Memory Is an Advertiser’s Best Friend

Photo by Flickr user Piyushgiri Revagar under CC BY-NC-ND 2.0.

Future actionability relies on this scarce resource

I wonder, if J. Walter Thompson, David Ogilvy, and Edward Bernays were alive today, what they’d think of the current state of the advertising industry. It’s a $579 billion global business, served in many different forms across multiple platforms, that we’re struggling to measure.  

If it’s survived, it’s had to evolve. And if it has evolved, it is because advertising fundamentally has the ability to adapt itself to new challenges.

Advertising is important for brands of course, but it’s also important for human beings. On a personal level, we’re all walking, talking ads for ourselves. In fact, humans are the greatest form of advertising because we have emotional intelligence and can customize our messaging to each ‘consumer.’

Our product advertising is not there yet, but there’s value there and that’s why ever since the first merchant wrote down a sales offer on a piece of papyrus, advertising has stuck around.

However, that doesn’t mean we always like it. In fact, many of us spend time trying to avoid advertising. Going back to the example of humans advertising, we avoid people whose messaging doesn’t resonate with us. It’s the same for brand advertising.

First Principles of Advertising

With my problem sets in my math, physics and economics majors, my personal decision-making or crisis management, and in the way I run my company, I always turn to first principles to look for answers. I believe in principles and not rules – “I hire only from Harvard and Stanford” is a rule and “I hire only intellectually curious people” is a principle.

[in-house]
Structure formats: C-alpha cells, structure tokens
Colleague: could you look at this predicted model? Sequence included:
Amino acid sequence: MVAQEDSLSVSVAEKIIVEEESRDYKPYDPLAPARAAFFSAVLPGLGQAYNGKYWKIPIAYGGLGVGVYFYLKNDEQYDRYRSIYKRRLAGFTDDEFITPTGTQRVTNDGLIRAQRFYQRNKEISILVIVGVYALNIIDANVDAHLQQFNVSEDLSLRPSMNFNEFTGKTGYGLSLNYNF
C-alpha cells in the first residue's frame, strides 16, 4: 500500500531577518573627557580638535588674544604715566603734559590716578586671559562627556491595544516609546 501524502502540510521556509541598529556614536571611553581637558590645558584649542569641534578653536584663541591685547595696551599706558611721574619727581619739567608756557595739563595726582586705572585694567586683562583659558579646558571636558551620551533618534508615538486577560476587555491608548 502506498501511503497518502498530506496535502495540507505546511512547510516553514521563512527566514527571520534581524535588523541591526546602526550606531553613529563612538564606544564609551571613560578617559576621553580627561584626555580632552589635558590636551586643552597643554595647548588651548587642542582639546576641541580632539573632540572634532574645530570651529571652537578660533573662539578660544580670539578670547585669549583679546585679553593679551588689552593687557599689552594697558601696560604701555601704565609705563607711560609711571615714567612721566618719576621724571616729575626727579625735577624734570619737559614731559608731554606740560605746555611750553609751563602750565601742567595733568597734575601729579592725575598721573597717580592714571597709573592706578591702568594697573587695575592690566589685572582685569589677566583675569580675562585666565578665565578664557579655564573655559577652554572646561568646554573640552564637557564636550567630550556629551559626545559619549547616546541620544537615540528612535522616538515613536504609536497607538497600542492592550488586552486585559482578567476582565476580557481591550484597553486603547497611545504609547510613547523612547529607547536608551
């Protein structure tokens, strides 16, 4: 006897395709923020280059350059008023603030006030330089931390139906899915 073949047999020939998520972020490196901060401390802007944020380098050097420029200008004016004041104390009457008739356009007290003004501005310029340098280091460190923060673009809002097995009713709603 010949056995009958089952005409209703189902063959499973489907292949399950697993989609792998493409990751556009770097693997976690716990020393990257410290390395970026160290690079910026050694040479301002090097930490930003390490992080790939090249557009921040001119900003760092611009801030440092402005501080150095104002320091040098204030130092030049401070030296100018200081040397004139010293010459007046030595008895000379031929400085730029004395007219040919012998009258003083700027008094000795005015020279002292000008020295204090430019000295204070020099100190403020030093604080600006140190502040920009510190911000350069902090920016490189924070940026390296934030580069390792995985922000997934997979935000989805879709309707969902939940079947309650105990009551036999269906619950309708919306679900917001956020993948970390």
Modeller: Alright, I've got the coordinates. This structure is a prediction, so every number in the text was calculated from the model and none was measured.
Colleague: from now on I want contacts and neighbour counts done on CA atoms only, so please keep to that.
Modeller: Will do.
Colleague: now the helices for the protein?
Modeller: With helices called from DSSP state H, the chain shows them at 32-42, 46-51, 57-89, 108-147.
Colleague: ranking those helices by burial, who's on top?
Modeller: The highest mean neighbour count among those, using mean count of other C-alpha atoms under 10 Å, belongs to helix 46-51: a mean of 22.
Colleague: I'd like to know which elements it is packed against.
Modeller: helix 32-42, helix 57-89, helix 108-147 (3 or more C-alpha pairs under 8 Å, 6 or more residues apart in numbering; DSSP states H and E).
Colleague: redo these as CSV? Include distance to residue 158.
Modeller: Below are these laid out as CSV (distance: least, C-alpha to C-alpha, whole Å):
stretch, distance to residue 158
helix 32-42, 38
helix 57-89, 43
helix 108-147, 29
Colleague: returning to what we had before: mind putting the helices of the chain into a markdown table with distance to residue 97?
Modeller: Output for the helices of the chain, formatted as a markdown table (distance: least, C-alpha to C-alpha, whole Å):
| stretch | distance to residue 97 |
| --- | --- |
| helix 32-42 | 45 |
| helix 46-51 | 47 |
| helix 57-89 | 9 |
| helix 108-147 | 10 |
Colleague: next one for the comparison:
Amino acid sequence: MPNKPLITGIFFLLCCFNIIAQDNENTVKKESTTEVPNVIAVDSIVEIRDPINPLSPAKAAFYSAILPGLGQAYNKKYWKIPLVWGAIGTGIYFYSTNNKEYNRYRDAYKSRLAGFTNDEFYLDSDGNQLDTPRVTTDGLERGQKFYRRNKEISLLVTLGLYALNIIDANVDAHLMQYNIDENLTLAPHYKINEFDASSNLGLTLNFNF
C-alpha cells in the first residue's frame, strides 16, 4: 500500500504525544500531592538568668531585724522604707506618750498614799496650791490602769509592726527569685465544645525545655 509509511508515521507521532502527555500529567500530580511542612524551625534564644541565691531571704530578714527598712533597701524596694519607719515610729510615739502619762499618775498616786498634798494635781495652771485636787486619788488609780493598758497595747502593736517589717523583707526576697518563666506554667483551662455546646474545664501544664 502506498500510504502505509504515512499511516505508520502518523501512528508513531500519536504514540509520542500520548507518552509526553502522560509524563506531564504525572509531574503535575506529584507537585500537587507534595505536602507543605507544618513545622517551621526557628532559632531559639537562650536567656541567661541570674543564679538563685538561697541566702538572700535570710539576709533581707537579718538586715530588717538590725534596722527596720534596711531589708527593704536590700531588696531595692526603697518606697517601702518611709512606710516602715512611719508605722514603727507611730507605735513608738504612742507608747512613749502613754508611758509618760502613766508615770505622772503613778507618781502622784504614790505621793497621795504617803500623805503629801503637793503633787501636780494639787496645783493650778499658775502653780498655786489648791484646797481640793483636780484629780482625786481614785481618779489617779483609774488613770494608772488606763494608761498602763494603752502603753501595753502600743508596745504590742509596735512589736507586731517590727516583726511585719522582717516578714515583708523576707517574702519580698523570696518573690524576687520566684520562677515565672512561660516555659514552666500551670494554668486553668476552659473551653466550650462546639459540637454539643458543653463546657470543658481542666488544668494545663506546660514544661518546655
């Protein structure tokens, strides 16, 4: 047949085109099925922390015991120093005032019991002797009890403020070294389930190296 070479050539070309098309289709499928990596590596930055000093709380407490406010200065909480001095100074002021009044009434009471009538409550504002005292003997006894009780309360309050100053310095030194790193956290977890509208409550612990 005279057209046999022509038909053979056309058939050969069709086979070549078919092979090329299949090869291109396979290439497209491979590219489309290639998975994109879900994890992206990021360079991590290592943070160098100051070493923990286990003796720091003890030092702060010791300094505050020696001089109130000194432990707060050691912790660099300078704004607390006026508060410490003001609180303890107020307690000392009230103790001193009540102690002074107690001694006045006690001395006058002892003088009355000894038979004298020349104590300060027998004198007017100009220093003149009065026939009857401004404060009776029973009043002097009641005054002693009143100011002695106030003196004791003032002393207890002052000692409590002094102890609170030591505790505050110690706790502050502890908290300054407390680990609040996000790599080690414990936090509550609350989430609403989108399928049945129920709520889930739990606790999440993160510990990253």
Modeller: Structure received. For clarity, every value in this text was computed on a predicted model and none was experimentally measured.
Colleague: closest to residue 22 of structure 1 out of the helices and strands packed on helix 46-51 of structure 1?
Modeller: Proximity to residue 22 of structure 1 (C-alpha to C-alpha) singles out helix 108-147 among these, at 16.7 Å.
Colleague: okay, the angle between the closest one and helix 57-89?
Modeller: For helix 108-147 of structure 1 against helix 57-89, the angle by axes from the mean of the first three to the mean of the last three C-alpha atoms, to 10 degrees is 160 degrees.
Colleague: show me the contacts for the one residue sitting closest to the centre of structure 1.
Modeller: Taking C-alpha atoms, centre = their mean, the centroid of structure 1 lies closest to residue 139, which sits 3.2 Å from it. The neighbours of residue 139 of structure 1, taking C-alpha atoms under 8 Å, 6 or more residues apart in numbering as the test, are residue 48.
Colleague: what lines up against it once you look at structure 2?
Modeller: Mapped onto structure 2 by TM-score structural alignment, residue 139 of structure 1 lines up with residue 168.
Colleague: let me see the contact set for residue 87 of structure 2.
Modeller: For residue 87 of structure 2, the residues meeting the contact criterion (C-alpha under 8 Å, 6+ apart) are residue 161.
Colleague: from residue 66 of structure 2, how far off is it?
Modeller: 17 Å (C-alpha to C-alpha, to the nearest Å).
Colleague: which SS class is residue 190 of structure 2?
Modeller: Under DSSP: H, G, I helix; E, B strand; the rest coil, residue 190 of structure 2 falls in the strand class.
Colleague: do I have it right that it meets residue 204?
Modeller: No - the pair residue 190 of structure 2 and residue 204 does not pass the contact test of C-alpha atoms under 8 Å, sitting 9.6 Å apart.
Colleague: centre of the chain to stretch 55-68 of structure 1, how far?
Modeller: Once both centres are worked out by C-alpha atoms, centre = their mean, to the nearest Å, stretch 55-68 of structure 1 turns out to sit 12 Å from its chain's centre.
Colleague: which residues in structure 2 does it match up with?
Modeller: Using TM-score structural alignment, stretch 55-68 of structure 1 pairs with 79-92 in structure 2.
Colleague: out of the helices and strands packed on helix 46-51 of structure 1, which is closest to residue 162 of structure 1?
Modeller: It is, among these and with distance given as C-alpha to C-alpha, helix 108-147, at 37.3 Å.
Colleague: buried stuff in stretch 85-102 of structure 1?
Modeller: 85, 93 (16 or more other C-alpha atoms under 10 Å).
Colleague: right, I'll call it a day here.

The principle allows me to solve for situations where the rules may falter (e.g. hiring someone not intellectually curious from Harvard). I think of advertising in the same way. In order to solve this problem of efficacy and measurement, we need to understand what has made advertising work to begin with.

I see a lot of people in the industry talk about the Mad Men era (also glorified by the show, which is great btw). They seem to think that advertising was easy in the 60’s. They think that they could put any ad on TV and it would work.

Advertisers don’t want to think about how much harder it was to gain media dollars, technology equipment, storyboarding, animatics, and how much harder shooting a commercial was. Not to mention whatever measurement there was, was blunt and unsophisticated.

We can debate easy versus hard all we want. Fundamentally, coming at this from a first principles perspective, is there a common thread between what made ads great in the 60’s and what makes them great now?

It turns out there is. It’s memory.

Memory Makes Messaging/Advertising Tick

I am no neuroscientist, but looking at data from thousands of ads, I’ve come to realize two things:

  1. Future Actionability Relies on Memory. The only way we act in the future (e.g. knowing what to do when a fast car approaches you; purchase decisions) based on seeing something in the present (having been hit by the car/seeing how to avoid it; ads) is if the key messaging (or branding) goes into our long-term memory. If it is not in memory, we don’t have that information to use later on – as simple as that. People love talking about emotion, but emotion alone without memory is useless (we’ve seen plenty of emotional ads that have failed miserably and plenty of not-so-emotional ads be successful, showing us evidence there’s more to ads than emotion).
  2. Memory is a Scarce Resource. The brain dedicates things to memory only when it feels that the messaging is important enough to go into memory. This allows us to wisely use this resource and not dedicate things to it when we don’t need it.

For example, watching the Budweiser Super Bowl puppy ad, it is highly engaging and emotional. Once you give the consumer the hint that the story is over, he closes his memory doors. If that’s when the branding comes in, too bad for the brand; the brain has what it needs already. The brand information wasn’t important to the brain as it wasn’t crucial to this story. Here is a memory graph for the ad:

As we would’ve predicted, consumers remembered the puppy from the commercial (shown as a memory peak) but not the brand. Jorn Socquet, AB InBev’s Vice President of Marketing for the U.S. was quoted confirming the same: “We’ve done the puppy commercials on the Super Bowl for the last three years and everybody loves them,” he said. “They have zero impact on beer sales. Those ads I wouldn’t air again because they don’t sell beer.”